On the front lines in the battle to allow gays and lesbians to serve openly in the armed forces, Lt. Daniel Choi didn’t hold back about his feelings for the nation's leading gay rights group, the Human Rights Campaign (HRC), in a recent interview with NEWSWEEK. Choi said the group was more concerned about social status than real social change. "You do not represent us if all you are looking for is a ladder into elite society," he said. Choi's remarks added to a growing debate in the gay community about the best tactics for affecting change.
Working within HRC is former Specialist Jarrod Chlapowksi, a U.S. Army veteran and Korean linguist who has been fighting for the repeal of "don't ask, don't tell" since 2005, when he decided not to re-enlist despite a pending promotion to sergeant and a promising military career ahead. Instead, he cofounded Servicemembers United, the largest organization of LGBT troops and veterans, and last year went to work for HRC as their military consultant. Chlapowski spoke with NEWSWEEK's Eve Conant about why he quit the Army, Choi's controversial remarks, and why any schism in the gay community needs to be bridged—not deepened. Excerpts:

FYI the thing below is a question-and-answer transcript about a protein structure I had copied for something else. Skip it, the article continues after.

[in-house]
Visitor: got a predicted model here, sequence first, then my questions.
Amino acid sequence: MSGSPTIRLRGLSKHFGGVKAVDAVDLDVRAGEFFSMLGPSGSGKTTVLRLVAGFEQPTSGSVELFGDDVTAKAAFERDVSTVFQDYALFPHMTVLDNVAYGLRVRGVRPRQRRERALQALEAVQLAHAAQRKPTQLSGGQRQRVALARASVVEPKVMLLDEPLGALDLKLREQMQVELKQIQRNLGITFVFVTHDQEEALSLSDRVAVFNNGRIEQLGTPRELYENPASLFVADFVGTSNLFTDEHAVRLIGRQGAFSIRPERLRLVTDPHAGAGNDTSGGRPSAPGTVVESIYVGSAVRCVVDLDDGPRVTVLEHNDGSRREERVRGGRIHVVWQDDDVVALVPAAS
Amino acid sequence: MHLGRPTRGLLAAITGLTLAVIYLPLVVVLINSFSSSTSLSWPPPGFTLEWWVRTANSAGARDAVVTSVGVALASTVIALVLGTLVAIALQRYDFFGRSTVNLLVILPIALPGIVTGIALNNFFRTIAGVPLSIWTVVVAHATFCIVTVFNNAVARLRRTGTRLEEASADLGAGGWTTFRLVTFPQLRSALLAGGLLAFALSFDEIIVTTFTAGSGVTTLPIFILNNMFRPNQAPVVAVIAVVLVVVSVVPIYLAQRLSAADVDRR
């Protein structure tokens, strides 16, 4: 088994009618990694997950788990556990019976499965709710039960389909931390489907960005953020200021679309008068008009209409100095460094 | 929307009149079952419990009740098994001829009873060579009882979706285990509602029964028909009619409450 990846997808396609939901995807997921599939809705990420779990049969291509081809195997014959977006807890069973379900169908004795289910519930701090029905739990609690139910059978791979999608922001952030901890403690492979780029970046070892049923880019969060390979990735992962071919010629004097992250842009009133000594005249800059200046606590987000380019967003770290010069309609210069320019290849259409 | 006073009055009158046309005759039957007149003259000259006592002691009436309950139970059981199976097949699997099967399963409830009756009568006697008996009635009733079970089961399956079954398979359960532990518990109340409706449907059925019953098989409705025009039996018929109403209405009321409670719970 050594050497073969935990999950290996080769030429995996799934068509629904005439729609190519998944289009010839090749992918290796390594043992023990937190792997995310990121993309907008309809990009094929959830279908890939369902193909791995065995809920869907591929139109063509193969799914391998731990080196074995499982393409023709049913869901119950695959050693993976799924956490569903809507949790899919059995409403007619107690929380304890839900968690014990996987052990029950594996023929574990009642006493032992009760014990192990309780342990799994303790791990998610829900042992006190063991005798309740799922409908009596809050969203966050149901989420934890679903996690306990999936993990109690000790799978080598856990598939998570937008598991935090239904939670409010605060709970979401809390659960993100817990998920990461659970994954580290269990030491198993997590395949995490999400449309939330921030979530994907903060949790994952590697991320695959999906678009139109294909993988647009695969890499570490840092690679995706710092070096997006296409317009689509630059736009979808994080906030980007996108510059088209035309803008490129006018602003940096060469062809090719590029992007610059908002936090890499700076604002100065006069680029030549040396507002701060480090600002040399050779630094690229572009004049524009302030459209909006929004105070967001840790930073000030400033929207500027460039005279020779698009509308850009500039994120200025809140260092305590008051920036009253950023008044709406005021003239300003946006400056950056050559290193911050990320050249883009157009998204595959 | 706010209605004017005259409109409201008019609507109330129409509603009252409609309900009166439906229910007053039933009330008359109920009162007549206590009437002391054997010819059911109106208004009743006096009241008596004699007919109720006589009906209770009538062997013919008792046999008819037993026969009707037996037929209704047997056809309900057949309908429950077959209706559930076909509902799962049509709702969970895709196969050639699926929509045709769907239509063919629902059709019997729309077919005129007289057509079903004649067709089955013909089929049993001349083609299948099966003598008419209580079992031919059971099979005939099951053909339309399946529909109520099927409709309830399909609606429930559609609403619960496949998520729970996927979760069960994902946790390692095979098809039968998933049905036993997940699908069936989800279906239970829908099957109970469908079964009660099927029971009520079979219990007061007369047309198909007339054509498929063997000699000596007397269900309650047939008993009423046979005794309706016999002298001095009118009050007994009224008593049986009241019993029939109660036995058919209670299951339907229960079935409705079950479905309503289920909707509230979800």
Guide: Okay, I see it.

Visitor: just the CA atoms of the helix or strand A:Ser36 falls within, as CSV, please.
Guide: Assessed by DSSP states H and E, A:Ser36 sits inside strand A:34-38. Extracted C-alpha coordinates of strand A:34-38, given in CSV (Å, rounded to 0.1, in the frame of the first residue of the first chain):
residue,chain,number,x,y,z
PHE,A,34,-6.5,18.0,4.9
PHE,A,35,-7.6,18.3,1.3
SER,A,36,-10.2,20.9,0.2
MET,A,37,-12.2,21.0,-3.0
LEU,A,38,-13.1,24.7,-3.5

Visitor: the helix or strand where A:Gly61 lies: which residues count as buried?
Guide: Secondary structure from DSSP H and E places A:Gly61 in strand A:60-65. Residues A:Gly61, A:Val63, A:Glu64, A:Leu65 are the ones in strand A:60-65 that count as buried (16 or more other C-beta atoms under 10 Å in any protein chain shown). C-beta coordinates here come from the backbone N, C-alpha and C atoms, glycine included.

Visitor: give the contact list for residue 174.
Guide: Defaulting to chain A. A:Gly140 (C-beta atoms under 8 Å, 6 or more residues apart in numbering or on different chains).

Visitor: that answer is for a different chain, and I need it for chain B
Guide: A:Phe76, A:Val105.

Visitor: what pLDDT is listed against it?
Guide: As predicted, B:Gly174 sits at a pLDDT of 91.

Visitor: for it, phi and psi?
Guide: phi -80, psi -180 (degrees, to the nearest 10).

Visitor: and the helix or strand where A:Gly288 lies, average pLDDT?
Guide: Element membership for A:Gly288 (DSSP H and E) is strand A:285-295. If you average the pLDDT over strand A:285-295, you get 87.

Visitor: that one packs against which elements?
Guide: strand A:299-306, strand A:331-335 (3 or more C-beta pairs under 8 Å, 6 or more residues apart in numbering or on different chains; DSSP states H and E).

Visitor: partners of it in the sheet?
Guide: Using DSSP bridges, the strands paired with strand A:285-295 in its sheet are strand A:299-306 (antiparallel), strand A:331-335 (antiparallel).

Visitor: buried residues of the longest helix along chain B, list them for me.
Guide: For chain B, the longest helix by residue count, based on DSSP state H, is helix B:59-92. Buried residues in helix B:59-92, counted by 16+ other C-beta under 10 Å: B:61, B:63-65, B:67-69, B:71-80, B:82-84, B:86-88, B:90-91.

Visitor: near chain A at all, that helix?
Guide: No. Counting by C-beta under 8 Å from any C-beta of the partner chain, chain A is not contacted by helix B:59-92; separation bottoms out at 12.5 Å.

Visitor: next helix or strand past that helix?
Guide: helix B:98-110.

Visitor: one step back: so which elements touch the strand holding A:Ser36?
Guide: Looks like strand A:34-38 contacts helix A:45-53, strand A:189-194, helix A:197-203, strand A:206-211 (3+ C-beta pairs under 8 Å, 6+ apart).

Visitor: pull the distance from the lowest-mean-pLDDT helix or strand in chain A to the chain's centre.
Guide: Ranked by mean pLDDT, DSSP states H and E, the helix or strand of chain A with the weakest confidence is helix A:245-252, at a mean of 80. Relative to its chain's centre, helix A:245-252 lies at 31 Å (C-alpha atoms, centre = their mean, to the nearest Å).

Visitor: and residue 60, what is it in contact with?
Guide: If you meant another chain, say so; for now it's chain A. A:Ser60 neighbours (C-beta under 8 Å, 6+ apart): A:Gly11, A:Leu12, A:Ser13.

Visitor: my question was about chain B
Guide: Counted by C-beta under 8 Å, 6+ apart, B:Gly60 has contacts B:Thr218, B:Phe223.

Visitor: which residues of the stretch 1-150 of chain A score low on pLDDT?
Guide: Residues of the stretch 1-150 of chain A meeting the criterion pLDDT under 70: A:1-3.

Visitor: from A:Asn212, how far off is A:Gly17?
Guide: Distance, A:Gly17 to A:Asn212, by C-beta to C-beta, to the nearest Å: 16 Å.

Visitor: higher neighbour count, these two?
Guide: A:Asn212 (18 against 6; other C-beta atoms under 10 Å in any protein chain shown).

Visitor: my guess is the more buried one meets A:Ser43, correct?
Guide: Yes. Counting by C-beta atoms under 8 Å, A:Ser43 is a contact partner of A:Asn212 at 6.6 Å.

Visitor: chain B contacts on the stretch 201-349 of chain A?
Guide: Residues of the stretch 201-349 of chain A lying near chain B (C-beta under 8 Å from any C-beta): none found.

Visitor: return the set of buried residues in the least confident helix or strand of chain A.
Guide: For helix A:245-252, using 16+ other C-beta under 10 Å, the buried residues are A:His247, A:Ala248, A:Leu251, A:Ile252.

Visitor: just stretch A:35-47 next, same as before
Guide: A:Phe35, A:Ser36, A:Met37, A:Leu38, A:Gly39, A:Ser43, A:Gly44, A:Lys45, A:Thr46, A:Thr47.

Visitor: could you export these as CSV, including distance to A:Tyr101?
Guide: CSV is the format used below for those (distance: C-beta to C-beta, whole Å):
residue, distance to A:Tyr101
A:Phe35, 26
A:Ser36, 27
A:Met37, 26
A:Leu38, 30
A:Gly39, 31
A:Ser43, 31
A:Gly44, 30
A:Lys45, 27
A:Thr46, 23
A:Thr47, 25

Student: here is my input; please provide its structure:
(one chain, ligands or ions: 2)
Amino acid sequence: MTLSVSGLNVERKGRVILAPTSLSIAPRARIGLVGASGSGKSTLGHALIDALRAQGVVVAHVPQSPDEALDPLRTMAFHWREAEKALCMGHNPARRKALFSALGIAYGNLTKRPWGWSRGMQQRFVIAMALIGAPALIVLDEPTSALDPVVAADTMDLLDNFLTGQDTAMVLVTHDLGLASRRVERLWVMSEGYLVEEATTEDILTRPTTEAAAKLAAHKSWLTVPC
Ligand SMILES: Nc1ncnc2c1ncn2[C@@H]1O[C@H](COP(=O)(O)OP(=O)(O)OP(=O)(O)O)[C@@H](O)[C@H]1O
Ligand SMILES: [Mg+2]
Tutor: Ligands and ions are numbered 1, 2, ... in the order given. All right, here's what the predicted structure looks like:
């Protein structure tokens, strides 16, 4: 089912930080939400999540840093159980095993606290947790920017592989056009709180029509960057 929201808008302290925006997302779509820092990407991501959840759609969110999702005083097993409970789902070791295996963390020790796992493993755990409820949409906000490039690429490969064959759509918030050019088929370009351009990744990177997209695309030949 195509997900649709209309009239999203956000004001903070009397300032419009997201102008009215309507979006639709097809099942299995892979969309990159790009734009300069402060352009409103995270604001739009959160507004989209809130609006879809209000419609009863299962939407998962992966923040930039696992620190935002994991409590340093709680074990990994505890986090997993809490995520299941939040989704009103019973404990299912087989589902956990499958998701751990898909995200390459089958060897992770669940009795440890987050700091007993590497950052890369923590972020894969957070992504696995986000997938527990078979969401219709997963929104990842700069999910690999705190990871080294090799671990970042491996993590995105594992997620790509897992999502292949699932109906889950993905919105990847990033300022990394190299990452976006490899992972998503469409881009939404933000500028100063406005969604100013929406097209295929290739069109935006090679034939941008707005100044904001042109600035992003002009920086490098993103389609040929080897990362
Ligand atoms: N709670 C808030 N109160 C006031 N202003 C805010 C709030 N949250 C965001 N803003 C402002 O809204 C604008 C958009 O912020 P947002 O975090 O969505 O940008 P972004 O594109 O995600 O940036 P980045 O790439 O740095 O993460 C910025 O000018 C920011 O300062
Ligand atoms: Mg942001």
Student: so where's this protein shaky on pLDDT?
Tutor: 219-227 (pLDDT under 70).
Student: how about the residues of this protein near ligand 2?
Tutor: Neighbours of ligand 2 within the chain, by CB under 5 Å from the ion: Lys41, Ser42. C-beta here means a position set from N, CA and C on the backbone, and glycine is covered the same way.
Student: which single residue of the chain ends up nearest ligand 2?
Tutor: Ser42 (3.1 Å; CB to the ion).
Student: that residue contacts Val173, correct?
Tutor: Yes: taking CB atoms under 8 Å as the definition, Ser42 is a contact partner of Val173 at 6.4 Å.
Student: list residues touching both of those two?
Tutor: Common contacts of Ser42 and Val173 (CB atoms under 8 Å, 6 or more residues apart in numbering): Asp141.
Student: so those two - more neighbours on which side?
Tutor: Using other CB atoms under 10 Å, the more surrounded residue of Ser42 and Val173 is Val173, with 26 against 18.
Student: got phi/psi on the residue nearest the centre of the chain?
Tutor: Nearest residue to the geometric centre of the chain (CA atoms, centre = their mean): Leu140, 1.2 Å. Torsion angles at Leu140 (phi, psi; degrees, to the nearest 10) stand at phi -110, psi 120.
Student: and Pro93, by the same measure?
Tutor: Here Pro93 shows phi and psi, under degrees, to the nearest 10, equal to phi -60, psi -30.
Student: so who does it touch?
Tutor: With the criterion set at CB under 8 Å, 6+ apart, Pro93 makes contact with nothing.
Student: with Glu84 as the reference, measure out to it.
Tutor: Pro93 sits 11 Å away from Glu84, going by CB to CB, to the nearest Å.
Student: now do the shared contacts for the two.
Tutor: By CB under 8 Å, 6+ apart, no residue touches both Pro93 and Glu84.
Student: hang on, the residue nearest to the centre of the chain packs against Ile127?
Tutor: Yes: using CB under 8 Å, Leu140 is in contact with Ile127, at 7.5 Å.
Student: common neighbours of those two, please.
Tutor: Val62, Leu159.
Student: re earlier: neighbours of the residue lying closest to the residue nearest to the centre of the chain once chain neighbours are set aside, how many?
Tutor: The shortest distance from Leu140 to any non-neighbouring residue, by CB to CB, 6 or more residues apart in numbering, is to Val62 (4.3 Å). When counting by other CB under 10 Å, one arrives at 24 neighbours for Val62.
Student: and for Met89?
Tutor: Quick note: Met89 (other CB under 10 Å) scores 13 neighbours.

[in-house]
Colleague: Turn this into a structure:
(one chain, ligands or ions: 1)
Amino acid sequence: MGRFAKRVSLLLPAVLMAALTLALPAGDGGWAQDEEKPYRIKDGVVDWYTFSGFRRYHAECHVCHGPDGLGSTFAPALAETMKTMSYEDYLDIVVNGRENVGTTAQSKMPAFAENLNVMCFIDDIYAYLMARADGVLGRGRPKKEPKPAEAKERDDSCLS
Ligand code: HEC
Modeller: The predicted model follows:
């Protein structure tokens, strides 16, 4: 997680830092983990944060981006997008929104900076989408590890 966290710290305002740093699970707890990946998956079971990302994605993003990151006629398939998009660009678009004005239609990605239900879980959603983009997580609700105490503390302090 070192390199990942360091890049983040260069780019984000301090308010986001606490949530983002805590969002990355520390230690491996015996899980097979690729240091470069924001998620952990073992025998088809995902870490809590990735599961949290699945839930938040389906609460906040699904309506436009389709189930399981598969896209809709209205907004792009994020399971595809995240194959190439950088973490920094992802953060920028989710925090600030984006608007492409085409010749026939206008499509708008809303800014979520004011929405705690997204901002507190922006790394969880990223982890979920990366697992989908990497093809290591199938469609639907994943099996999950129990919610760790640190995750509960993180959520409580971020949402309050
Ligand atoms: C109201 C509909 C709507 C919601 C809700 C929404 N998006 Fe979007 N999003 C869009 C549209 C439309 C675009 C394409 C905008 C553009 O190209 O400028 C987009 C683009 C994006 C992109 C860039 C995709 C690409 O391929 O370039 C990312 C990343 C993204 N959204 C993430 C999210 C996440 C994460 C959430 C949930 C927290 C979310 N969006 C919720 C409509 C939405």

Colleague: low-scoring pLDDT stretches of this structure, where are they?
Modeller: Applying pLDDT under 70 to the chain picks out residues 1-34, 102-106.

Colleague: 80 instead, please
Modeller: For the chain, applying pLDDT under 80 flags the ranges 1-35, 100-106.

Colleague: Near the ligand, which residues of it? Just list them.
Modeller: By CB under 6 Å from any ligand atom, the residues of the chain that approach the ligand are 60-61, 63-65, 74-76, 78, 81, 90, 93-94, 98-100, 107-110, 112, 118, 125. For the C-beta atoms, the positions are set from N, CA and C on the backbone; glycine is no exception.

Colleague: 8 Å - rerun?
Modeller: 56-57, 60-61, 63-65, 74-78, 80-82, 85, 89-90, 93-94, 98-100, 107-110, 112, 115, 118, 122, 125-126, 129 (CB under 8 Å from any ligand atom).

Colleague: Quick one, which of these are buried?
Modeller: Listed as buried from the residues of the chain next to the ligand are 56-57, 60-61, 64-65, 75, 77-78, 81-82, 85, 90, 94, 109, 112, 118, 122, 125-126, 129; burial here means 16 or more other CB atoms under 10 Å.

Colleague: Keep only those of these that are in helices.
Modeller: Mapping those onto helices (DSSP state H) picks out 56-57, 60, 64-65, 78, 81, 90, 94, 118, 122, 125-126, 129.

Conant: If you had a promising career in the Army, why would you leave it?
Chlapowksi: It was definitely a career track of mine. It was an environment I seemed to function very easily in. The decision [not] to re-enlist did not come easy. I was serving and was openly gay but I witnessed too many flaws in the law ["don't ask, don't tell"], like third-party discharges—a civilian could come to your commander, a jilted boyfriend or girlfriend, and that would be permissible evidence. Even if you were not actively asking or telling, you could lose your job because the law was so vague. The other thing was the lack of provider-patient confidentiality. I could talk to a chaplain or psychiatrist and they could out me to my commanders. This is a particularly big issue with PTSD [posttraumatic stress disorder]. Part of the therapy is talking about relationships, and you couldn't do that. [According to the relaxed regulations announced by Defense Secretary Robert Gates on Thursday, third-party testimony and privileged communication will no longer be grounds to start an investigation.] That's why the [American Medical Association] came out against DADT last fall. So because of things like this, it made a career path for me in the Army pretty irrational. I was angry that I had to make that decision, though, and I had saved up $10,000 over the course of my military career, and so I made the decision to put that money into [the] fight to repeal the law.